Tuesday, June 21, 2016

This Way—NO—That Way

What to do when trusted critics give advice that contradicts your sense? Anyone who’s ever asked for opinion on their work has been there.
Early on in my writing for publication I turned down an offer to revise and re-submit from a small publisher. Reason? They wanted a different ending to the story. A perfect and happy hanky-dory ending didn’t suit the story, I thought. It wound up being published by another publisher who asked for revisions, but saw the merit of the ending as it was.
Although I don’t regret staying with my vision then, I would do it differently now. This is how I approach revision suggestions today: I try it.
It’s painful and even feels wrong at times. But I have learned that trying to re-fashion per others’ suggestions is never a waste.
Best case scenario: you love the results.
 
Worst case scenario: you, and maybe even the suggester, wind up agreeing the re-direction was a dud. I have learned a lot about my stories when revising, even with clenched teeth.
 
 
Most likely it will be some combination. But like the Green Eggs and Ham fellow, you will know a whole lot more if you try it.
 

 

12 comments:

  1. But I do not like green eggs and ham.

    Love,
    Janie

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  2. You are absolutely right. I've gotten edits from my editor and thought she was crazy for what she was suggesting, but later came to see she was absolutely right after I tried out her suggestion. You never know until you try.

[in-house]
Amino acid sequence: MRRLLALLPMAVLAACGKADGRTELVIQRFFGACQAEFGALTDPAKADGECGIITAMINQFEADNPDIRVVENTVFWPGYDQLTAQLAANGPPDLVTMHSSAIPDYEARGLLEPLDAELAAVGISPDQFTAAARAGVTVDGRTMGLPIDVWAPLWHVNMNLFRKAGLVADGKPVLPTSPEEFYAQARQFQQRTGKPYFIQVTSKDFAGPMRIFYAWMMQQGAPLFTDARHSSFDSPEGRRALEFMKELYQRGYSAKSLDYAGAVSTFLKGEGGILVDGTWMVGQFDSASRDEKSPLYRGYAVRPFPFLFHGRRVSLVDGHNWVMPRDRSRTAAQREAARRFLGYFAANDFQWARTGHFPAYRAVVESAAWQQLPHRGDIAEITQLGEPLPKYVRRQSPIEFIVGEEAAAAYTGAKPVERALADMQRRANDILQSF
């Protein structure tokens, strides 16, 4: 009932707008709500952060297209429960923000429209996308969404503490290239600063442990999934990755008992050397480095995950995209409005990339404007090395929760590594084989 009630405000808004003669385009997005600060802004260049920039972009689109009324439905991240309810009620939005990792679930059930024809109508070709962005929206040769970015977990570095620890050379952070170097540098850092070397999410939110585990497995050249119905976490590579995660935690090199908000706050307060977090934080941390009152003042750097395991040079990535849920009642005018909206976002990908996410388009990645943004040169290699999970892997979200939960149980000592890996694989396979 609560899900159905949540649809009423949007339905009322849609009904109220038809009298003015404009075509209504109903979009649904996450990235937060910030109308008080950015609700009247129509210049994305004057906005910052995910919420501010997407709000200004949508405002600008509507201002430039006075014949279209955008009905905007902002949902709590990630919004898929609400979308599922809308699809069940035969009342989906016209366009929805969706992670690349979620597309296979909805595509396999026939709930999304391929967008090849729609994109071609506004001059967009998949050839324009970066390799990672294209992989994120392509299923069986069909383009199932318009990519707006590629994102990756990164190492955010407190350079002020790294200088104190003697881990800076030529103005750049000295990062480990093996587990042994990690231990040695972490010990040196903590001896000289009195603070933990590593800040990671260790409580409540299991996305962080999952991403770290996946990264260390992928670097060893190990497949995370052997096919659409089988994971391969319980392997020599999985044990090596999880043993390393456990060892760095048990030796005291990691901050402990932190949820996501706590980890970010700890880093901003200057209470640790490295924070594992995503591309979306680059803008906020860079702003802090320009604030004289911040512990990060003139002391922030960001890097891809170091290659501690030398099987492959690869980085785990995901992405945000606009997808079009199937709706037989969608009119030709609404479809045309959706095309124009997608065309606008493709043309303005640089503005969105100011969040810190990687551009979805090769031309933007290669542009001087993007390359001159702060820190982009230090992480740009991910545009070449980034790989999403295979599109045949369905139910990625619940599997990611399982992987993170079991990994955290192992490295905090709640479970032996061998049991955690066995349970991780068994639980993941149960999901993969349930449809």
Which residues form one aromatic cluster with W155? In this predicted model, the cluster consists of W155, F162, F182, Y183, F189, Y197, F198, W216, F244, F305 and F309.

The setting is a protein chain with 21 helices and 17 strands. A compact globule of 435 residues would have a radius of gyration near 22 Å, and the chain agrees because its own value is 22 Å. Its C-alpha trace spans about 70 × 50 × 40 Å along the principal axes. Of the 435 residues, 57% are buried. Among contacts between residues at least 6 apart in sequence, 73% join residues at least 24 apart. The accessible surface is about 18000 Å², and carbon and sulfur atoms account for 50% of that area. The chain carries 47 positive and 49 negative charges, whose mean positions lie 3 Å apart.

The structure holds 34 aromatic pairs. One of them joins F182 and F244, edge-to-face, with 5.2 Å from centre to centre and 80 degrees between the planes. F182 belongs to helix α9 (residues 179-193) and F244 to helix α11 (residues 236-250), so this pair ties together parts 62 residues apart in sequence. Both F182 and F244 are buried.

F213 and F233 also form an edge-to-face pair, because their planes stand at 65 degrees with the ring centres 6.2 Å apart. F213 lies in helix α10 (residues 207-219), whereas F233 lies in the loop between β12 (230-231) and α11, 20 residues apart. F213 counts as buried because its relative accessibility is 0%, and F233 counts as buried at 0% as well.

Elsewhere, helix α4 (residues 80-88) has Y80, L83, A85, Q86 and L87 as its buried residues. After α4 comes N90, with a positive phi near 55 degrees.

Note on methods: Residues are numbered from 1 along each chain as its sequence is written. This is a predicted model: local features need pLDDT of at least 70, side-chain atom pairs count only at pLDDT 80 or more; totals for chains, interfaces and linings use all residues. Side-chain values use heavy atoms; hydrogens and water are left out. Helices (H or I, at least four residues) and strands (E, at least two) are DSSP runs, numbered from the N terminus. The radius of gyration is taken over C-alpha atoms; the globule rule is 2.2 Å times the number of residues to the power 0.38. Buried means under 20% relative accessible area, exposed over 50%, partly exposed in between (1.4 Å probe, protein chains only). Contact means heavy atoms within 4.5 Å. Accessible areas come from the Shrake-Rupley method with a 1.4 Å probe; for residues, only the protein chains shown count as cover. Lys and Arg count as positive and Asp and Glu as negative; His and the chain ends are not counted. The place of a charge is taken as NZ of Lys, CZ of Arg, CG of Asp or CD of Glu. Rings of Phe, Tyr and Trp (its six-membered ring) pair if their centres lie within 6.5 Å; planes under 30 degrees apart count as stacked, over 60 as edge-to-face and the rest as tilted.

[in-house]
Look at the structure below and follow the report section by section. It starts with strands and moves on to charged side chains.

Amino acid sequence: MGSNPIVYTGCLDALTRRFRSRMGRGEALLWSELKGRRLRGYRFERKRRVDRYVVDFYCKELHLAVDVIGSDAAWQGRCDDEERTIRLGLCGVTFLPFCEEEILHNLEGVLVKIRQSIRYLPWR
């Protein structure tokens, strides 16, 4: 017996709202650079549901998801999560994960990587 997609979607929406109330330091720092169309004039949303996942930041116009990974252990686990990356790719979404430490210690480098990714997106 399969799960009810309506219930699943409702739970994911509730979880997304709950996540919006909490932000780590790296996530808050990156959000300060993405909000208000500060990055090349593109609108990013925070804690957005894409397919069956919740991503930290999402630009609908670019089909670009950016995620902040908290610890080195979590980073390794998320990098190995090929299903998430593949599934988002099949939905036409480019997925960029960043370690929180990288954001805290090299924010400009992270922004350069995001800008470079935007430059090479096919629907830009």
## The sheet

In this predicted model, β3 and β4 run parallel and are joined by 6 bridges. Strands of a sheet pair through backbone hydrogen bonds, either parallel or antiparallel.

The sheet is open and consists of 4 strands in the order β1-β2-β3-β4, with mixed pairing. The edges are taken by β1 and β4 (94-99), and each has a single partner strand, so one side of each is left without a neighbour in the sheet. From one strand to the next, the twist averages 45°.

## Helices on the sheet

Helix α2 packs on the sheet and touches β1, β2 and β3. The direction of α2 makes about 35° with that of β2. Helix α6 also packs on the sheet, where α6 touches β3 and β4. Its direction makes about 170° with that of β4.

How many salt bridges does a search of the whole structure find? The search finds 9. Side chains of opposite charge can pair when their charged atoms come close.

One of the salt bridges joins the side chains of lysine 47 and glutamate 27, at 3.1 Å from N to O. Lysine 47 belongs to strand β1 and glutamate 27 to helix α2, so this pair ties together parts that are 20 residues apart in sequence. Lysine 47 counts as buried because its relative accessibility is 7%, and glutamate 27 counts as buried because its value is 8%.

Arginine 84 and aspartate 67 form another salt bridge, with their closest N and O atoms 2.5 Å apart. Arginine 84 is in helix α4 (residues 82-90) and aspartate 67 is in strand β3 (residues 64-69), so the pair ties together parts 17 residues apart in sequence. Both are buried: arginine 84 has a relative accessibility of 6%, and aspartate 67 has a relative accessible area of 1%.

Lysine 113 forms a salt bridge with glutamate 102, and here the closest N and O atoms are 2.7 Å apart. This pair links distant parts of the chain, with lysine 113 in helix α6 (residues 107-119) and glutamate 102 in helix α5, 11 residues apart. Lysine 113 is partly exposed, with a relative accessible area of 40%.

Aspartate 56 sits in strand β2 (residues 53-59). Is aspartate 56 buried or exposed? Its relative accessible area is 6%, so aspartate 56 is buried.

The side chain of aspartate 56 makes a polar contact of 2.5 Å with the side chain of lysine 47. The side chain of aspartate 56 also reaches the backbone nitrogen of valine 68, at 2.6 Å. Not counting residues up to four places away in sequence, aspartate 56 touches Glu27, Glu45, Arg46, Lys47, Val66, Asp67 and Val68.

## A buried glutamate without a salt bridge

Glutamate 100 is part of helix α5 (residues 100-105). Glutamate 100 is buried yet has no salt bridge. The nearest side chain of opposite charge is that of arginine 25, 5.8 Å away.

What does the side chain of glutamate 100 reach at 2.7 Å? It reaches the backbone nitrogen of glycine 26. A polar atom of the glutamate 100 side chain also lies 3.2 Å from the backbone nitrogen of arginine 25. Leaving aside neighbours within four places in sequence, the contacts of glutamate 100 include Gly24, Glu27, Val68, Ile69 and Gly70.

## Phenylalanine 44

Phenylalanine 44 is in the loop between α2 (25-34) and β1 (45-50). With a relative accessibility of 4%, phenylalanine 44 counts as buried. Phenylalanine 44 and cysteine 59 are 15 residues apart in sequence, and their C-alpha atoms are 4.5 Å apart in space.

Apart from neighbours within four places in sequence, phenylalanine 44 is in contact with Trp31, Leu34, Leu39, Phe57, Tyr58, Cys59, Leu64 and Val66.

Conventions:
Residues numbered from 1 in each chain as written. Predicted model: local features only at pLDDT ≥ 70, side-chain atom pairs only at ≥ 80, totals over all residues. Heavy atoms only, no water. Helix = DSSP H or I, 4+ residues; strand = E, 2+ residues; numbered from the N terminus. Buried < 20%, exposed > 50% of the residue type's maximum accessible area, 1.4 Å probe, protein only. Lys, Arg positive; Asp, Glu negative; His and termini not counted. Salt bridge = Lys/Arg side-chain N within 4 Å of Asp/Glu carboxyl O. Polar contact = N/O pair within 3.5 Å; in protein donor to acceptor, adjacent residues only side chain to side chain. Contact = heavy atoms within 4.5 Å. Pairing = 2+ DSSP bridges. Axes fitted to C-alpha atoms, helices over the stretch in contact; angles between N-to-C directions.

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  3. Right on! Sometimes it works, sometimes not. But if you don't try you'll never know...

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  4. Always good advice to try. And also to sit on the advice for a few days (keeps it nice and warm!) before deciding what to do about it.

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  5. Yes. That's great. I find that if I take a breath and just try to the suggestion I often like it and if I don't, nothing lost.

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  6. No harm in trying. I often rewrite sections trying out first person vs. third, past tense vs. present, etc. Reading the excerpts aloud tells the tale pretty quickly, I find.

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  7. Oh, I like this, Mirka. Being open to options can only do us well, and if in the end we don't like the options, we'd be even more sure of our original ending/scene.

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